Hey everyone! This week is just flying by and I feel like I am still just trying to play catch up, but I am moving forward and just hoping that it all gets done.
Yesterday in my blog comments I had someone ask me how I photograph my layouts. It's a question I've been asked a lot so I thought I would put together a quick tutorial of sorts. Let me start by saying this is just how I personally photograph my work. There are probably a million ways to do it that are way easier/better than mine but this is simply the way I do it and, well, it works for me. LOL Also just a little disclaimer that I use a Mac, and iPhoto as well as Photoshop are involved in part of my process. If you are a PC user you will have to kind of adapt what I'm doing to whatever photo editing software you use on your computer.
Okay first things first. You have to take your picture right? The best place to photograph your layout is in a well lit area inside your home out of direct sunlight. Sunlight is great but you don't want it glaring directly on your project otherwise that's all you'll get ... glare. So you'll need to look around and find the best place to take photos in your house and mine just happens to be ... my bathroom!
Due in large part to these two windows around my tub and one big skylight in the ceiling . . .
I take all of my photos in my bathroom with the overhead lights off. You want to avoid using artificial lights of any kind since they can add a yellowish cast to the colors in your photo and definitely DO NOT use a flash!
So next I move my bath rug out of the way and lay down just a plain piece of white foam core so I have a nice neutral background. In most cases the background doesn't show since I crop right up to the edges of my project but sometimes when I am taking detail photos of my layout you will see part of the background and the white foam core is something nice and neutral that will not interfere with the colors in my project.
And then I simply lay my project down in the middle of the foam core, stand directly overhead, and start snapping away. By the way the project I am using as my example is actually for my September gallery for Scarlet Lime. Technically the gallery doesn't go live until tomorrow but since I needed to photograph my layout anyways I thought I would use it here. So don't tell on me that I showed it early, k?
Now I need to pause right here and define what I mean by "stand directly overhead" because this is key to getting a straight on shot of your project. I literally put my feet on either side of my project and shoot down ensuring that my camera is parallel to my project and not tilted one way or another. I will tell you that practice makes perfect. When I first started shooting my layouts this way I was constantly finding that I had tilted my camera one way or another. But now I'm pretty good at it and can get it on the first shot or two. I do always take several photos resetting my camera in between to make sure I am getting that straight on shot.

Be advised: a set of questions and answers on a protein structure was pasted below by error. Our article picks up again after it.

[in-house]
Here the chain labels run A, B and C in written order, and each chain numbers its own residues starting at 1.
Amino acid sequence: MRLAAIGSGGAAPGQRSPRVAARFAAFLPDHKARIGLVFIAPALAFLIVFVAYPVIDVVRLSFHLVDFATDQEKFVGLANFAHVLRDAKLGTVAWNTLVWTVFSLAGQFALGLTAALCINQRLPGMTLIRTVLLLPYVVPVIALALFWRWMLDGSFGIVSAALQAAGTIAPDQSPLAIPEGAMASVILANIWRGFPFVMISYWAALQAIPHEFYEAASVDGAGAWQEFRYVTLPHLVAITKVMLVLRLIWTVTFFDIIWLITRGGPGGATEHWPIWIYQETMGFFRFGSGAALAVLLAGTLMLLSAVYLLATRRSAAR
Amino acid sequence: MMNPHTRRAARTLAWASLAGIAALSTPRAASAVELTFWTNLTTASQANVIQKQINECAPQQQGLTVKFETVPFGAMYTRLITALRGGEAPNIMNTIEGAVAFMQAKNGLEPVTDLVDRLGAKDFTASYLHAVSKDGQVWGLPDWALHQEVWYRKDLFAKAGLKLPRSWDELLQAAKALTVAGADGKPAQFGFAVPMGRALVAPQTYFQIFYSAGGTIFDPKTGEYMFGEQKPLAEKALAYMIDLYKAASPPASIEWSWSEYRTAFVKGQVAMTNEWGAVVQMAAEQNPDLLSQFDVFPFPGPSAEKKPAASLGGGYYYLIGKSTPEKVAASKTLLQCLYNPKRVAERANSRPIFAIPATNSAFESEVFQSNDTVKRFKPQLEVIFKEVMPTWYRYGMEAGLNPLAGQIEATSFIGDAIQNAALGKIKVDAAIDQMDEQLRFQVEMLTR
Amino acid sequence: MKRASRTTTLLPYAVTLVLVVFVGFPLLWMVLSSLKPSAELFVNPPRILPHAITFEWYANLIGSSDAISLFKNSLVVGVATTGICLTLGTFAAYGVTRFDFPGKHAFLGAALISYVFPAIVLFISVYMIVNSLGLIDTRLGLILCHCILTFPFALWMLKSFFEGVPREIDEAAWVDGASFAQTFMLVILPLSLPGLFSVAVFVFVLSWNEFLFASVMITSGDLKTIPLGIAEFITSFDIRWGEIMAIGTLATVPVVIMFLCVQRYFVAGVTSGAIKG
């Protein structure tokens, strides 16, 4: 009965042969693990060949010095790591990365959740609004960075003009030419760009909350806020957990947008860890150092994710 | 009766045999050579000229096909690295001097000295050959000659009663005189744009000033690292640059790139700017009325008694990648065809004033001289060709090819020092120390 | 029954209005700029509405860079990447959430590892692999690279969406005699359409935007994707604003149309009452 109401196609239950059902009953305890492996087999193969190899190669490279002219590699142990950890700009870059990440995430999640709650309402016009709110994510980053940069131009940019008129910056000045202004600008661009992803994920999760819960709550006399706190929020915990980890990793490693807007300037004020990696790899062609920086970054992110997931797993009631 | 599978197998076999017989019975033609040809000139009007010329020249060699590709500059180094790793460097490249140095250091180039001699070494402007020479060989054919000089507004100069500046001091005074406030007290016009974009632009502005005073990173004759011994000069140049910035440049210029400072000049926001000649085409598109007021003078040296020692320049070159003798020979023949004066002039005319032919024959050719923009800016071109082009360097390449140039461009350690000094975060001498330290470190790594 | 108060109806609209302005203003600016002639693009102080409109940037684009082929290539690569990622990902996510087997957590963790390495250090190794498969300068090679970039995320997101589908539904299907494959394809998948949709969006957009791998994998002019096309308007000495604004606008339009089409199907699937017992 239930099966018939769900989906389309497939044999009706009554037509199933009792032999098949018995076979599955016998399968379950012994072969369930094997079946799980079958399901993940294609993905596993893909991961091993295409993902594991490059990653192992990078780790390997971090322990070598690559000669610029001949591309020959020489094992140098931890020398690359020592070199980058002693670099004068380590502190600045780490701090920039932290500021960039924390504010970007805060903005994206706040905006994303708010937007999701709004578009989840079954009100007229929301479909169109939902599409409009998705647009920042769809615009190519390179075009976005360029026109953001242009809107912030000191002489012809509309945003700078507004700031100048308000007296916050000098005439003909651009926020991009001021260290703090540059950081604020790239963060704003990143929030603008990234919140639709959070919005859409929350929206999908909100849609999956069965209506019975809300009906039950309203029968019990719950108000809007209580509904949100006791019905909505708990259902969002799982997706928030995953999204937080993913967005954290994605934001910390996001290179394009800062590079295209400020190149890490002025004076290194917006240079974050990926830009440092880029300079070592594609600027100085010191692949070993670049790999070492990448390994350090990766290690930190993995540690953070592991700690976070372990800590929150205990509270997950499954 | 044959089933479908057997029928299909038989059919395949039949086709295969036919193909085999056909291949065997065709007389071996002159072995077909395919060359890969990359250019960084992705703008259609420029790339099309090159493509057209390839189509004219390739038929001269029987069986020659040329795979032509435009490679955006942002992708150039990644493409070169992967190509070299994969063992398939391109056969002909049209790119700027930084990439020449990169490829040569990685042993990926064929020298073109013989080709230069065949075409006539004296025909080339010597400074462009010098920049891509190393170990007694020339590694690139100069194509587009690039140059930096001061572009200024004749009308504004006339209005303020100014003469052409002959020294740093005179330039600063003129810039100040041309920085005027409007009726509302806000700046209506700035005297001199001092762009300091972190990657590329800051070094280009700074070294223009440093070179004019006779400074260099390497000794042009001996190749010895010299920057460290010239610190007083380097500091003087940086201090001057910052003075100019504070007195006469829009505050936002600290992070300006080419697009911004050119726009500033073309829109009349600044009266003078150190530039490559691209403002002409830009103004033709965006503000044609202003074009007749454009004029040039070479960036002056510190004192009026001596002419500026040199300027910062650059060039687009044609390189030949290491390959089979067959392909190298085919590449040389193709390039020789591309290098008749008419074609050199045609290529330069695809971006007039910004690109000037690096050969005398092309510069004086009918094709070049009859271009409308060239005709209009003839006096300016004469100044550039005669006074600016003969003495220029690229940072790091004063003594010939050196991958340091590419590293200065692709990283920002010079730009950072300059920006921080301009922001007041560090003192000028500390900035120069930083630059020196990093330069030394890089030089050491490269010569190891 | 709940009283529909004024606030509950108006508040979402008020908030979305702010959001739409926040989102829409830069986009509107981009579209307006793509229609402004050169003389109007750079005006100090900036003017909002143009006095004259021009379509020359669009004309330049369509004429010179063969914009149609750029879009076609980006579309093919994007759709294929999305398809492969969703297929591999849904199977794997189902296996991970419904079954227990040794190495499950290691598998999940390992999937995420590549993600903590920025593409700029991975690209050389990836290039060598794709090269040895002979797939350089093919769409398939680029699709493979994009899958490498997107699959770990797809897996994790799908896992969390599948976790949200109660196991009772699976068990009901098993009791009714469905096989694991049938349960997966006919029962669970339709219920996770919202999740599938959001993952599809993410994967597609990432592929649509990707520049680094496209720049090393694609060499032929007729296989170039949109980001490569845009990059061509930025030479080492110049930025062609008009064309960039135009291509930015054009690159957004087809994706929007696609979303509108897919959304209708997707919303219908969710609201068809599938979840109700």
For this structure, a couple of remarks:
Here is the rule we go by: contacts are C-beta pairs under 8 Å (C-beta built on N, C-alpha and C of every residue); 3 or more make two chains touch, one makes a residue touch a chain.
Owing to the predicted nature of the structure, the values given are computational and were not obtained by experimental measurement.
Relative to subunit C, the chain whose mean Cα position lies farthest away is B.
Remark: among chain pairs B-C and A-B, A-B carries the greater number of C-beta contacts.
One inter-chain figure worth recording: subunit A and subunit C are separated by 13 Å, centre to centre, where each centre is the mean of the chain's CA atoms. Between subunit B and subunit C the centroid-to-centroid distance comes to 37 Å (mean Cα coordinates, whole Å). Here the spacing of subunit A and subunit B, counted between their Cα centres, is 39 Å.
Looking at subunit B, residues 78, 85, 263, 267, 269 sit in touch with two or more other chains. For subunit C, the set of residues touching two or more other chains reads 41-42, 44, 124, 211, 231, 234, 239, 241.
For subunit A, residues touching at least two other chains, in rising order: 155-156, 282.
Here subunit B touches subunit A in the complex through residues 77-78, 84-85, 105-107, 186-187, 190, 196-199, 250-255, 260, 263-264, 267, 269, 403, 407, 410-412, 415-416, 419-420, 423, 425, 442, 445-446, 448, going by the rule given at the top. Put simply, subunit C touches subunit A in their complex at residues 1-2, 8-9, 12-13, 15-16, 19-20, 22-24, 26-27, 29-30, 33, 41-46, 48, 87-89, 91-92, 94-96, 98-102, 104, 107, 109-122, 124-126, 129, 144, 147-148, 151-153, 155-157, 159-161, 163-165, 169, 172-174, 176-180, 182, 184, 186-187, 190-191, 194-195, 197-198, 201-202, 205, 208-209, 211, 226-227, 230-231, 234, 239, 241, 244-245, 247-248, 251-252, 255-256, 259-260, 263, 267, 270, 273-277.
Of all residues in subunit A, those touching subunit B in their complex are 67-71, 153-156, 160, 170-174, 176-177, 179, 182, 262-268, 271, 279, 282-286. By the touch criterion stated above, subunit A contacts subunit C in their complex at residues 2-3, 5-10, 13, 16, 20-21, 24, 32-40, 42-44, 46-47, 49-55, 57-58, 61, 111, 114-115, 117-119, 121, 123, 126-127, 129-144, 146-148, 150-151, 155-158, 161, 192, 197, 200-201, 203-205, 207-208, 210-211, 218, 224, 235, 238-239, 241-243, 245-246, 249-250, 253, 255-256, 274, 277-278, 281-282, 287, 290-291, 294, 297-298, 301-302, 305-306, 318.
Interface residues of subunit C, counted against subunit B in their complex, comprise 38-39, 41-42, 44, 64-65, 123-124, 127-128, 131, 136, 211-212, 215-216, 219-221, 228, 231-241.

Now that my pictures are taken I head on over to my computer and upload them. Again since I used a Mac I upload all of my photos directly to iPhoto. I do a few tweaks in iPhoto before finishing the process in Photoshop so if you are a PC user you will need to adapt these next steps to whatever photo management software you use. This is what my photo looks like SOOC (straight out of camera) ...
Not bad but it definitely could use some work. It's still a little bit crooked and of course it's a little dark. So the first thing I do is straighten my photo using iPhoto. This has to be one of my favorite features of iPhoto because no matter how hard I try my pictures still end up slightly crooked. Once I've straightened my photo I then crop close to the sides. I do not leave any background showing in my images. This is my personal preference. I know some people like to see a bit of the background but for me I like to crop right up to the edge of my layout. I also use the sharpen tool in iPhoto to sharpen things up a bit. This is what my photo looks like after I'm done with iPhoto ...
I then open up my photo in Photoshop. It certainly doesn't look bad as it is now but it can definitely be brighter. So the first thing I do is go to the Layers palette and adjust the levels. For me this is the easiest way to brighten a photo and also gives me some good control since I can adjust the light, mid, and dark range tones. Once I'm satisfied I flatten my image and then go to the File tab and select "save for web and devices." This is what I use to resize my photos for the web. I've been asked what size I use and I always resize to 550 pixels on the longest side at 100 quality. This usually comes out to right under 300KB which is what most publications state is their size limit for sending attachments (saves me from having to resize any image I want to send in for a call).
And that's about it. I now have an image that is ready for the web and looks a little something like this ...
I hope this has helped some of you and of course if you have any specific questions regarding my process (or anything else you'd like to know) please feel free to ask. :)